The Role Function Scale includes 10 items drawn from the Short Form 36-item Survey (SF-36) and other SF versions. It is intended to assess the extent to which fatigue has a behavioral impact on daily activities. Scores of frequency in the past week, on a 5-point scale, are summed with higher scores signifying greater role impairment. Scores range from 10-50.

Secondary Outcome Measures :
  1. CD4 Cell Count [ Time Frame: Measured at baseline and Week 4 ]
    Cd4 cell count is a laboratory marker providing an indication of immune system functioning. Blood samples were drawn for this measure at baseline and week 4. The reference range for CD4 cell count is 490-1740, and a clinically significant change is defined as a change of >=100 cells. A higher number is associated with better immune functioning.

  2. HIV Viral Load [ Time Frame: Measured at baseline and Week 4 ]
    HIV RNA viral load assay is a laboratory measure indicating viral activity. Because of the large range of possible values (50 - 100,000 copies), this measure is transformed to log10 values. We entered the log10 value of 1.69 when the laboratory result stated "under 50 copies," which was the assay's lowest limit of detectability during the study.

Information from the National Library of Medicine

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Ages Eligible for Study:   18 Years to 75 Years   (Adult, Older Adult)
Sexes Eligible for Study:   All
Accepts Healthy Volunteers:   No

Inclusion Criteria:

  1. Ages 18-75
  2. HIV+
  3. Clinically significant fatigue (score of 4.5+ on Fatigue Severity Scale, plus impairment on 1+ categories of Role Function Scale)
  4. Fatigue duration for 3+ months
  5. English-speaking
  6. Able to give informed consent
  7. Fecund women uses barrier method of contraception

Exclusion Criteria:

  1. Primary care doctor does not approve of study participation
  2. Unstable medical condition (e.g. liver failure; cirrhosis, new onset opportunistic infection in past month)
  3. Untreated hypogonadism, except for men for whom testosterone replacement is medically contraindicated (serum testosterone below the reference range)
  4. Untreated hypothyroidism (Thyroid Stimulating Hormone over 5 IUI/mL)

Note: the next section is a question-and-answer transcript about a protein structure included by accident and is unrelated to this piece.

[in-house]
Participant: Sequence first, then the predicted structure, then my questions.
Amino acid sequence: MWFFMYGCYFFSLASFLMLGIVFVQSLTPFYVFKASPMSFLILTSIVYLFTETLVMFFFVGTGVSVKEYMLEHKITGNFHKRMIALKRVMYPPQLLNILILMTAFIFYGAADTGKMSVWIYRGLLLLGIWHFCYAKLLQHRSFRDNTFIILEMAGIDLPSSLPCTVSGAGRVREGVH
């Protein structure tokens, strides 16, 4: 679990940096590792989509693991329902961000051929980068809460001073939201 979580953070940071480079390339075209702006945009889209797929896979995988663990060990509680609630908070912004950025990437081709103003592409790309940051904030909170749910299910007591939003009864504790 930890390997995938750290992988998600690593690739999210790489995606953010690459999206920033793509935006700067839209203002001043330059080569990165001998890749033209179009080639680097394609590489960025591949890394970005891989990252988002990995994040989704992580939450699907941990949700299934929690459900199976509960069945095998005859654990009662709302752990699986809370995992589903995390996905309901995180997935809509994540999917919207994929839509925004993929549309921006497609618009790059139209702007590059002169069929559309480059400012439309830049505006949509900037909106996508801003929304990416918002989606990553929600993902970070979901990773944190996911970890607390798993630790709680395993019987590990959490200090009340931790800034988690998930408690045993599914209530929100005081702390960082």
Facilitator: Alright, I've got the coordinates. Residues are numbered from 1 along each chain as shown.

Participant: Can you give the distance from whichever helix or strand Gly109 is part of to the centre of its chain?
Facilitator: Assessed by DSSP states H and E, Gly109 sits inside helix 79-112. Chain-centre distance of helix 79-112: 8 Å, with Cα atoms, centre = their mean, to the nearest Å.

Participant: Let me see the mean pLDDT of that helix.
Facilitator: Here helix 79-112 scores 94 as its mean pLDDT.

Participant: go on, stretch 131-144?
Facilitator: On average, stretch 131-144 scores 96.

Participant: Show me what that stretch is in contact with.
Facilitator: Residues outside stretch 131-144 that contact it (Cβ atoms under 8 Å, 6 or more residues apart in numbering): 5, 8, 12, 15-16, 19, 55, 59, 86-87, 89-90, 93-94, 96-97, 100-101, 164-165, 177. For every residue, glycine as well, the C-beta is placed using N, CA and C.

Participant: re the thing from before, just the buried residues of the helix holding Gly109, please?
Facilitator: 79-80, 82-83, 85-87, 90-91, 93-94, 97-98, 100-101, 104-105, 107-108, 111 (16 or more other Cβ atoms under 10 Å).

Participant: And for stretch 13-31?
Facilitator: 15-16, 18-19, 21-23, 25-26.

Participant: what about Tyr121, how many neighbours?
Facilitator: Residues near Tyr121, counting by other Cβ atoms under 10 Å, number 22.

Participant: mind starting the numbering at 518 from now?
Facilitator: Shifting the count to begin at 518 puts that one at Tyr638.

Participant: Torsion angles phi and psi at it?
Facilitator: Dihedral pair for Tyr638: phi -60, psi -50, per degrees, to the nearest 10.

5. Untreated and uncontrolled hypertension
  6. Clinically significant anemia (hematocrit <30%)
  7. Started testosterone or nandrolone in past 6 weeks
  8. Started or changed an antiretroviral regimen in past 4 weeks if fatigue predated the change; otherwise, started or changed regimen in past 2 months
  9. Untreated or under-treated major depressive disorder
  10. Started antidepressant medication within past 6 weeks
  11. Substance abuse/dependence (past 4 months)
  12. Regular and frequent cannabis use (> twice/week regularly)
  13. Currently clinically significant suicidal ideation or Hamilton Depression Scale (HAM-D) score >24
  14. History or current psychosis or bipolar disorder
  15. Pregnant or breastfeeding
  16. Significant untreated insomnia (score >3 on HAM-D insomnia items)
  17. Currently taking psychostimulant medication or past nonresponse to modafinil
  18. Has no alternative viable antiretroviral regimen after the current one
  19. Left ventricular hypertrophy; mitral valve prolapse

Information from the National Library of Medicine

To learn more about this study, you or your doctor may contact the study research staff using the contact information provided by the sponsor.

Please refer to this study by its identifier (NCT number): NCT00737204

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United States, New York
New York State Psychiatric Institute
New York, New York, United States, 10032
Sponsors and Collaborators
New York State Psychiatric Institute
National Institute of Mental Health (NIMH)
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Principal Investigator: Judith G. Rabkin, Phd, MPH Columbia University
Publications of Results:
Other Publications:
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Responsible Party: New York State Psychiatric Institute Identifier: NCT00737204    
Other Study ID Numbers: #4839/5892R
R01MH072383-02 ( U.S. NIH Grant/Contract )
First Posted: August 18, 2008    Key Record Dates
Results First Posted: June 12, 2014
Last Update Posted: June 12, 2014
Last Verified: March 2013
Keywords provided by New York State Psychiatric Institute:
Additional relevant MeSH terms:
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Central Nervous System Stimulants
Physiological Effects of Drugs
Wakefulness-Promoting Agents
Cytochrome P-450 CYP3A Inducers
Cytochrome P-450 Enzyme Inducers
Molecular Mechanisms of Pharmacological Action